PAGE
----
This black and white photograph shows cattle eating out of troughs on the Rogler ranch. The homestead is located on 160 acres of land along the South Fork of the Cottonwood River basin in the Bazaar Township of Chase County, Kansas. From 1859 to 2006 the Rogler family owned and operated the property until October of 2006, when the historic property was sold at auction.


Cedar Point, Kansas

Cedar Point, Kansas
Date: Between 1880s and 1890s
This black and white photograph shows several store fronts in Cedar Point, Kansas. The town, named by abolitionist and former Kansas legislator Orlo H. Drinkwater, is located about fourteen miles west of Chase County, Kansas, on U.S Highway Fifty in the heart of the Flint Hills region.


Cedar Point, Kansas

Cedar Point, Kansas
Date: May 30, 1903
This black and white photograph shows a group of people escaping from rising waters in Cedar Point, Kansas. The extremely heavy rains from May 30th to June 1st of 1903 caused a great deal of flooding to the Kansas River Basin and to the Kansas and Missouri Republican River Basin.


Cedar Point Mill and Dam, Cedar Point, Kansas

Cedar Point Mill and Dam, Cedar Point, Kansas
Date: Between 1900 and 1920
This photograph shows the Cedar Point Mill and Dam in Cedar Point, Kansas. The three and a half story native limestone structure was built in 1875 by abolitionist Orlo. H. Drinkwater and his partner Peter Paul Schriver along the Cottonwood River. For a number of years flour was milled from the facility until operations came to a close in the early 1940s. In 2006, the site was nominated to the National Register of Historic Places.


Cedar Point Mill and Dam, Cedar Point, Kansas

Cedar Point Mill and Dam, Cedar Point, Kansas
Date: 1957
This photograph shows the Cedar Point Mill and Dam in Cedar Point, Kansas. The three and a half story native limestone structure was built in 1875 by abolitionist Orlo.H. Drinkwater and his partner Peter Paul Schriver along the Cottonwood River. For a number of years flour was milled from the facility until operations came to a close in the early 1940s. In 2006, the site was nominated to the National Register of Historic Places.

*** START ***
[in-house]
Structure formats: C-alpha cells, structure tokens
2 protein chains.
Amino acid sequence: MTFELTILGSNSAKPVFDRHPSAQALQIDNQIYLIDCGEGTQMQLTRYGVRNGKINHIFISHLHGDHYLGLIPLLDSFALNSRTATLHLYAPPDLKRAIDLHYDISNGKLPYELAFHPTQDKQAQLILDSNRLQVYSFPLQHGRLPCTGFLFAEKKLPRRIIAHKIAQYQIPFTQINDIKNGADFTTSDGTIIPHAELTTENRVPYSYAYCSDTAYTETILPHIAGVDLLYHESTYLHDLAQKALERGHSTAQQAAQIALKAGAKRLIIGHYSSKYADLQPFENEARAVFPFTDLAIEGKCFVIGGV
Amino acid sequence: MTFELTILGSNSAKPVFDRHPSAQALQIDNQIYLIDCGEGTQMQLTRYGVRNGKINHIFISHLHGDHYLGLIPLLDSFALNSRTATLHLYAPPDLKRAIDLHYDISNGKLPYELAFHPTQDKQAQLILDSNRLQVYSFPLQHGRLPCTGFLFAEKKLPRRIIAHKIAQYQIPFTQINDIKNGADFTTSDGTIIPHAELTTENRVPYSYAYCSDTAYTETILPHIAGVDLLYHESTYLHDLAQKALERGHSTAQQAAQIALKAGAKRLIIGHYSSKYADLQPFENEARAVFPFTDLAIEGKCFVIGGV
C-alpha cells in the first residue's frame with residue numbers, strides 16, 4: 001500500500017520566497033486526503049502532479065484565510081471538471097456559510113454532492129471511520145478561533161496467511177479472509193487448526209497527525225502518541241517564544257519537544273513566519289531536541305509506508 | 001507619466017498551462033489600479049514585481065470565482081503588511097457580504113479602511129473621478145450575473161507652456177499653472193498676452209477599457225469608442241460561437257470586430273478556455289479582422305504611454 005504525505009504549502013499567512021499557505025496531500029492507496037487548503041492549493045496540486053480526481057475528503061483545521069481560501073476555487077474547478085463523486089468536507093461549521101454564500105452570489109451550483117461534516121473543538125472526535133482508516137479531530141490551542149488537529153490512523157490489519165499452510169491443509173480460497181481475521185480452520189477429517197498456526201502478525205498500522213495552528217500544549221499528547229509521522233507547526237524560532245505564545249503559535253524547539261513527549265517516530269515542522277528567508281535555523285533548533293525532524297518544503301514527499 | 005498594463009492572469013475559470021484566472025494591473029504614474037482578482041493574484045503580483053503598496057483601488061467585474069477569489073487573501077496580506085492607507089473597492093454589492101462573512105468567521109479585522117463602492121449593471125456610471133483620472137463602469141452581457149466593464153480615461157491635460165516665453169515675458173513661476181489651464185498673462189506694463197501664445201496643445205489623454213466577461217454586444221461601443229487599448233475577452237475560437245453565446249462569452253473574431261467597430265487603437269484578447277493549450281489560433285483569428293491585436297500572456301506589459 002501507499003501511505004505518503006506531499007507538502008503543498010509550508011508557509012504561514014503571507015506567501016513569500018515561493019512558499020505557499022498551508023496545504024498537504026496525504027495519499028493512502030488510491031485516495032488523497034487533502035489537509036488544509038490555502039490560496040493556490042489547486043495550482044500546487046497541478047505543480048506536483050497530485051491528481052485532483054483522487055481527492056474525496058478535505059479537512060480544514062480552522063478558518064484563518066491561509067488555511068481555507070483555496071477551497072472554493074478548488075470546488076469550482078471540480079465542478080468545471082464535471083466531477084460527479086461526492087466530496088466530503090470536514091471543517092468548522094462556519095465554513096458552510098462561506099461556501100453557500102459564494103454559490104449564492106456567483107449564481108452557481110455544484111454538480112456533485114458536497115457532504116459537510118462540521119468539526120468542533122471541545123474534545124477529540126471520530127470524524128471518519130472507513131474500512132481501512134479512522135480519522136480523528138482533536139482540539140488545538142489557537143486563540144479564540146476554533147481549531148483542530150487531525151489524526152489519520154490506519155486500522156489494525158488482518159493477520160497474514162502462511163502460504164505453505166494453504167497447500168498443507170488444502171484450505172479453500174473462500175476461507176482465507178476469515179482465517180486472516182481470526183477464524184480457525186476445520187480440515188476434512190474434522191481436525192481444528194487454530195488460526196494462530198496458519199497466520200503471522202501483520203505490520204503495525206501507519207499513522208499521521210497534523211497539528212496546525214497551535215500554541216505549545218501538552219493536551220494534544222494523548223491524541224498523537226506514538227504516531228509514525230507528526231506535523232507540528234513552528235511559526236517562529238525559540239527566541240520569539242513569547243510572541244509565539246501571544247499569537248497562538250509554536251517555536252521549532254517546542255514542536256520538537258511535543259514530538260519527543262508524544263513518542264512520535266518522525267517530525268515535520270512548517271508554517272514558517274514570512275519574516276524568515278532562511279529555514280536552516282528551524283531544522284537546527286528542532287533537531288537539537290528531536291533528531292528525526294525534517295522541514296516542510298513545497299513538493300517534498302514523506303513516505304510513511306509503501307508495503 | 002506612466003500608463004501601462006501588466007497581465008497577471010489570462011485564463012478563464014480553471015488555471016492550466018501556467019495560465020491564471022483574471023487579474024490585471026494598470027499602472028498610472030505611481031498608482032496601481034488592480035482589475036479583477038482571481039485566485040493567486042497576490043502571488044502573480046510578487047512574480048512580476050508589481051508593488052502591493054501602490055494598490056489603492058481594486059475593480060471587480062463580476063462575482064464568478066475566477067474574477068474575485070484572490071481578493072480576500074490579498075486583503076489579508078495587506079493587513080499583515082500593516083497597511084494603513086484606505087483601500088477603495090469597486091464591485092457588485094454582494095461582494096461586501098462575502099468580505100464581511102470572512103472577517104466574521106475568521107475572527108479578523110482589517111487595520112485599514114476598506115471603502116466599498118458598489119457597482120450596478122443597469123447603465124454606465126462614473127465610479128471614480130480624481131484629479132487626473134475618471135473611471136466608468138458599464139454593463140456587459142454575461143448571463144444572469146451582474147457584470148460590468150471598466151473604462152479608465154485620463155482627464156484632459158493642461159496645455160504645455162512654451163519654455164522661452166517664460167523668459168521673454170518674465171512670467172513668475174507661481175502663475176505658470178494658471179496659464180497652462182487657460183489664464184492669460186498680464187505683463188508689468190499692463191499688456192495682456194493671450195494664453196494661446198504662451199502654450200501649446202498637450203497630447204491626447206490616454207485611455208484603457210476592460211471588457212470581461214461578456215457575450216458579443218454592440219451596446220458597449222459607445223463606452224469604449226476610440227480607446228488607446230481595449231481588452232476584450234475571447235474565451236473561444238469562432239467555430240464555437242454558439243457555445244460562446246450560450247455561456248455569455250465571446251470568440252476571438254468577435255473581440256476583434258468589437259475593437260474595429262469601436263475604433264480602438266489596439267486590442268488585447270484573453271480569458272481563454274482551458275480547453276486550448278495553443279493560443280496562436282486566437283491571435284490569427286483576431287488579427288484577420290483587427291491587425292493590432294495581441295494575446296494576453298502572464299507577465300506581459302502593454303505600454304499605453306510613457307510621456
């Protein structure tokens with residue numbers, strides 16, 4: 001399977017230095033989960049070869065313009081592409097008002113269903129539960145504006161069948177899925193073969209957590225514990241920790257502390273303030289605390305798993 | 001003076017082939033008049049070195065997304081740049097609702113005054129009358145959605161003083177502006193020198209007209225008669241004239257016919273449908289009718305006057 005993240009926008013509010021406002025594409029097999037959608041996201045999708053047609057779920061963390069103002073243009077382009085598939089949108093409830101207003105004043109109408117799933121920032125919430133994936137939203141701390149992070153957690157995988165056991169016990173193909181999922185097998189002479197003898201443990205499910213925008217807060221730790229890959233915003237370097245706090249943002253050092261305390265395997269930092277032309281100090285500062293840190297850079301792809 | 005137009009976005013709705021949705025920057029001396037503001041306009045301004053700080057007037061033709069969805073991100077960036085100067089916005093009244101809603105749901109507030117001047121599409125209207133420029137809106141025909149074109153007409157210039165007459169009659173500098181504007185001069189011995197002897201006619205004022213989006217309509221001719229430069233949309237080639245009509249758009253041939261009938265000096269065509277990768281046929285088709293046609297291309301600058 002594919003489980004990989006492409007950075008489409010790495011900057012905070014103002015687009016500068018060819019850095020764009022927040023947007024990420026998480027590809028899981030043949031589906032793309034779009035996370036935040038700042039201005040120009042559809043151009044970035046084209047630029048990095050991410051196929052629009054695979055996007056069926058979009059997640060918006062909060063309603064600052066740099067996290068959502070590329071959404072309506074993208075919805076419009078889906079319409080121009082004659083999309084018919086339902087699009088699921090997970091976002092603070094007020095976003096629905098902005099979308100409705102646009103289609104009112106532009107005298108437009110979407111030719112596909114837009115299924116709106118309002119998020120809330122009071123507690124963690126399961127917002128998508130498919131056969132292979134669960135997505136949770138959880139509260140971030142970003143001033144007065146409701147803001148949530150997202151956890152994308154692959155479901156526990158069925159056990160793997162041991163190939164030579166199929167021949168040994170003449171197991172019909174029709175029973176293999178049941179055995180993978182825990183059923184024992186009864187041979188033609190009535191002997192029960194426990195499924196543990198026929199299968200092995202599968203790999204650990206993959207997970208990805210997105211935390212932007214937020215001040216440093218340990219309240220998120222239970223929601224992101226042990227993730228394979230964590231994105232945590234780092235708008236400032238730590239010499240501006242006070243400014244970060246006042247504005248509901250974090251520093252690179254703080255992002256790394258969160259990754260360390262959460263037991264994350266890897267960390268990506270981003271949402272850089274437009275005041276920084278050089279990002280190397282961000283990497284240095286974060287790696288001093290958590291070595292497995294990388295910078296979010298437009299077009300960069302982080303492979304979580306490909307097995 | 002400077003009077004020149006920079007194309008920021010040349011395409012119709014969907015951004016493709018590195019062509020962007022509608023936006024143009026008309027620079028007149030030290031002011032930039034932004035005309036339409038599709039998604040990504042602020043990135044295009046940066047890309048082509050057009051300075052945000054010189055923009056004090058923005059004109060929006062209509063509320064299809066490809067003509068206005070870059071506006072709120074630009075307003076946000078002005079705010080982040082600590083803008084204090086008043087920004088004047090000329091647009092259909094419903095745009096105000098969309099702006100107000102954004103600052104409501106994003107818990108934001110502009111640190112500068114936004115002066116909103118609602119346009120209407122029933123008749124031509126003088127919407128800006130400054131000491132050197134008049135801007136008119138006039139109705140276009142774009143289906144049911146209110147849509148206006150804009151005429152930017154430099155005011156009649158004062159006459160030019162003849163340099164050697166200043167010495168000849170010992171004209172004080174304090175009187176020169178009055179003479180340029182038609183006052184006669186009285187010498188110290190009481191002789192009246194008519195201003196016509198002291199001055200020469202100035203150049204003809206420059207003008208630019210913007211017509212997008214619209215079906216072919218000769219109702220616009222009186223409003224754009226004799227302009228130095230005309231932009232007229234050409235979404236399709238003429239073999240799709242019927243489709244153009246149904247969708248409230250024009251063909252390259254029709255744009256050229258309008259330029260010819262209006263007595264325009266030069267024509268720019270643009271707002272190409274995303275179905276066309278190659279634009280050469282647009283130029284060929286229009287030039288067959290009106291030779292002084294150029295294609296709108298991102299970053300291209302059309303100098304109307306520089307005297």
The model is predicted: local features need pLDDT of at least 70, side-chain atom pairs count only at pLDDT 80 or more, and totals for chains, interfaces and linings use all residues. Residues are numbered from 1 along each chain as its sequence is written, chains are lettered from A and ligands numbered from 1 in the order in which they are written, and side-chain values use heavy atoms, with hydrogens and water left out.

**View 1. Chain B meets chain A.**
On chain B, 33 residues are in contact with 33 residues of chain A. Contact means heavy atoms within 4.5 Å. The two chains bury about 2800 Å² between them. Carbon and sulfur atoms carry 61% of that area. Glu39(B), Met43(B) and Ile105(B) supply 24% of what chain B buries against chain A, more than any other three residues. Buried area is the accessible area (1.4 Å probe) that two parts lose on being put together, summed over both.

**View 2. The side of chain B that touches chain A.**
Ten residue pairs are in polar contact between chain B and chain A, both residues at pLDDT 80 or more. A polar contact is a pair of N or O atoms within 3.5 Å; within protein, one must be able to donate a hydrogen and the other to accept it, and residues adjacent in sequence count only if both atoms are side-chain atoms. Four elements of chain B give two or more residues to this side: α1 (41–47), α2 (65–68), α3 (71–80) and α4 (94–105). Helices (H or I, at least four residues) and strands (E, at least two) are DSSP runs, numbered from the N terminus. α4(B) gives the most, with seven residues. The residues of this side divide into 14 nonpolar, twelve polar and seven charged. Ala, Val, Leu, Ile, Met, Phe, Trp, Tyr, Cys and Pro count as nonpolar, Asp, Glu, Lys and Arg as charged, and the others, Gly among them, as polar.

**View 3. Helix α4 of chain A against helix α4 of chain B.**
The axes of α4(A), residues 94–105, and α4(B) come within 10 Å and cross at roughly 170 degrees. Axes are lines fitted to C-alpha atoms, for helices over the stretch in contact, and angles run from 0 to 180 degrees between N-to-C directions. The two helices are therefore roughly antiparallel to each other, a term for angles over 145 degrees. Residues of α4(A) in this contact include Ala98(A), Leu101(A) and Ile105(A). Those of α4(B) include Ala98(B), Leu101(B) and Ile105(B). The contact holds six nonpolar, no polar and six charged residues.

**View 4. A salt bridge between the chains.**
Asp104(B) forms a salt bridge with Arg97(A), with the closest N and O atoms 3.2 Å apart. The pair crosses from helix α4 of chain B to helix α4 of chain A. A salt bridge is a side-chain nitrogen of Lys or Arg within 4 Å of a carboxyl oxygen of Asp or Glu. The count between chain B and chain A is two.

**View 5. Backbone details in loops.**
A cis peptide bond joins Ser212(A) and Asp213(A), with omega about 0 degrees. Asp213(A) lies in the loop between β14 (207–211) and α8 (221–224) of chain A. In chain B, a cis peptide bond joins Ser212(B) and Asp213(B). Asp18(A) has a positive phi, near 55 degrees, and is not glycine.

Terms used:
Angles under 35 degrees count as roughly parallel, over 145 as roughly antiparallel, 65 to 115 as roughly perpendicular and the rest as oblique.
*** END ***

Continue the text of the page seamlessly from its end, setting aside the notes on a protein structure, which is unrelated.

Cedar Point Mill and Dam, Cedar Point, Kansas

Cedar Point Mill and Dam, Cedar Point, Kansas
Date: Between 1900 and 1920
This photograph shows a view of the Cedar Point Mill and Dam in Cedar Point, Kansas. The three and a half story native limestone structure was built in 1875 by abolitionist Orlo H. Drinkwater and his partner Peter Paul Schriver along the Cottonwood River in the community of Cedar Point. For a number of years flour was milled from the facility until operations came to a close in the early 1940s. In 2006 the site was nominated to the National Register of Historic Places.


Cedar Point Mill and Dam, Cedar Point, Kansas

Cedar Point Mill and Dam, Cedar Point, Kansas
Date: Between 1900 and 1920
This black and white photographs shows a view of the Cottonwood River and the Cedar Point Mill and Dam in Cedar Point, Kansas. The three and a half story native limestone structure was built in 1875 by abolitionist Orlo H. Drinkwater and his partner Peter Paul Schriver along the Cottonwood River. For a number of years flour was milled from the facility until operations came to a close in the early 1940s. In 2006, the site was nominated to the National Register of Historic Places.


Cedar Point Mill and Dam, Cedar Point, Kansas